Remember the Racial Tension
Attending high school has many challenges socially, academically, and athletically. In the years of racial integration these challenges were amplified for the students. The movie Remember the Titans tells the story of how one high school dealt with integrating black and white students into their school and also into a championship football team. The media can depict their own take on how this transition played out. The media distorts the racial tension demonstrated within the film Remember the Titans, as a means to sell more movie tickets and create a more dramatic story.
Because the movie Remember the Titans is based on a true story, viewers are more likely to take the racial situations more seriously when in fact they are over exaggerated and distorted. The characters in the movie are based on real people and the movie has events based on facts. The film tells the story of how the school board mandated the integration of black and white students into their school system. The school was formed by the consolidation of three of the community’s high schools. The school depicted in the film is T.C. Williams High School. The integration of the school not only meant that the classrooms would have both black and white students, but the football field would also have an integrated team. The film deals with the controversy of racism in the south at the beginning of the 1970s. The school’s football team is the main focus in the movie. It shows the hard times the Titan’s 1971 football team went through to end up with a perfect 13-0 season. The film arguably over exaggerates the racial tension which emphasizes on how black and whites should be treated differently when they should not. Jacquelyn Kilpatrick expresses that the visual which a movie portrays is more compelling than the written word and will exist as “fact” in the minds of the youth (535). Racial tension was present in Alexandria, Virginia in 1971, but it may have been amplified for a more compelling plot in the movie. In turn, viewers form a misconception of the way racial tension actually was versus its distorted portrayal in the movie. The viewers are exhibited with a film that displays a false presentation of how different races were treated during that time period.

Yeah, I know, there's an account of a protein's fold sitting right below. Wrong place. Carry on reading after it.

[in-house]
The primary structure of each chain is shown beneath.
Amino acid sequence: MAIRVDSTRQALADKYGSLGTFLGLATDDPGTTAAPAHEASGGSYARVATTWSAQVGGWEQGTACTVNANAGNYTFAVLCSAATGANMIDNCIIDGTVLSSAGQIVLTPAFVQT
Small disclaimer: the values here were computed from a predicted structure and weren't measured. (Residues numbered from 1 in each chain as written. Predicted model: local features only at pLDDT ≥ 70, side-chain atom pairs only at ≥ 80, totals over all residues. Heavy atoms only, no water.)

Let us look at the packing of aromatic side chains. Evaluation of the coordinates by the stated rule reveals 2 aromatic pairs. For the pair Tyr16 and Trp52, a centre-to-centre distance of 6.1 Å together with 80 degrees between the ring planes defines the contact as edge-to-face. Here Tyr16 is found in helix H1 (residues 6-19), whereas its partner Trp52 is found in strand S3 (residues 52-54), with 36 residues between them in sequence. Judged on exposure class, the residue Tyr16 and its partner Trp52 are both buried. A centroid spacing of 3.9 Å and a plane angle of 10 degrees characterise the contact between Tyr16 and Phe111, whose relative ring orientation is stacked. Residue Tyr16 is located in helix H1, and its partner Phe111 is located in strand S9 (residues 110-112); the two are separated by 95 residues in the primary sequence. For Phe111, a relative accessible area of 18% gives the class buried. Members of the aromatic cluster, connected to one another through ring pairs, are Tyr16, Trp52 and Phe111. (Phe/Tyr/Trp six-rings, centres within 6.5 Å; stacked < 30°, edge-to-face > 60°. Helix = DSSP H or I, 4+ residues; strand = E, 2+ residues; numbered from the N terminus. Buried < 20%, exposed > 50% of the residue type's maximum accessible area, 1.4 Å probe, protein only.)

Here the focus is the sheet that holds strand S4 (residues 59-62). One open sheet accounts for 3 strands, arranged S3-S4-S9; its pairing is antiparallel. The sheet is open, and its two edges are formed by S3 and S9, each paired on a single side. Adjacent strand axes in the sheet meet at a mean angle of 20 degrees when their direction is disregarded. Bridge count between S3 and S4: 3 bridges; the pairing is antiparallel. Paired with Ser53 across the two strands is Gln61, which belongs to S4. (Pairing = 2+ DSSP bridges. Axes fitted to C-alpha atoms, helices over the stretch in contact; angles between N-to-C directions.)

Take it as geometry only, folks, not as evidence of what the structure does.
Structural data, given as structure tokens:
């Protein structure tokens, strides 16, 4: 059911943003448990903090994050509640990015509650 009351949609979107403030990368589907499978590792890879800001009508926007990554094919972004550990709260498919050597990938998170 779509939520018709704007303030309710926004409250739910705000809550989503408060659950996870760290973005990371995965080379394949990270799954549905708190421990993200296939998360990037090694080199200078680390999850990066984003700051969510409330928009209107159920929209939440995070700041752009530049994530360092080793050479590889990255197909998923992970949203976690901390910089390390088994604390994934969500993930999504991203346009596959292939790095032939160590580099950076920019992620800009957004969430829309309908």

Another distortion found within the movie is that T.C. Williams High School was actually opened in 1965, not in 1971 (Merron). By 1971 racial barriers and such distinct separation probably would not be present between blacks and whites. One of the football players shown in the movie, Ronnie Bass, can confirm the distortional portrayal of the racial tensions in the movie. The Greenville News did an interview with the real Ronnie Bass and he said, “They (the movie) had a community dived down black and white, and it really wasn’t like that in 1971 Alexandria.” He admitted that the Titans football season and championship did help the community to come together. According to Charlotte A. Jirosek, a...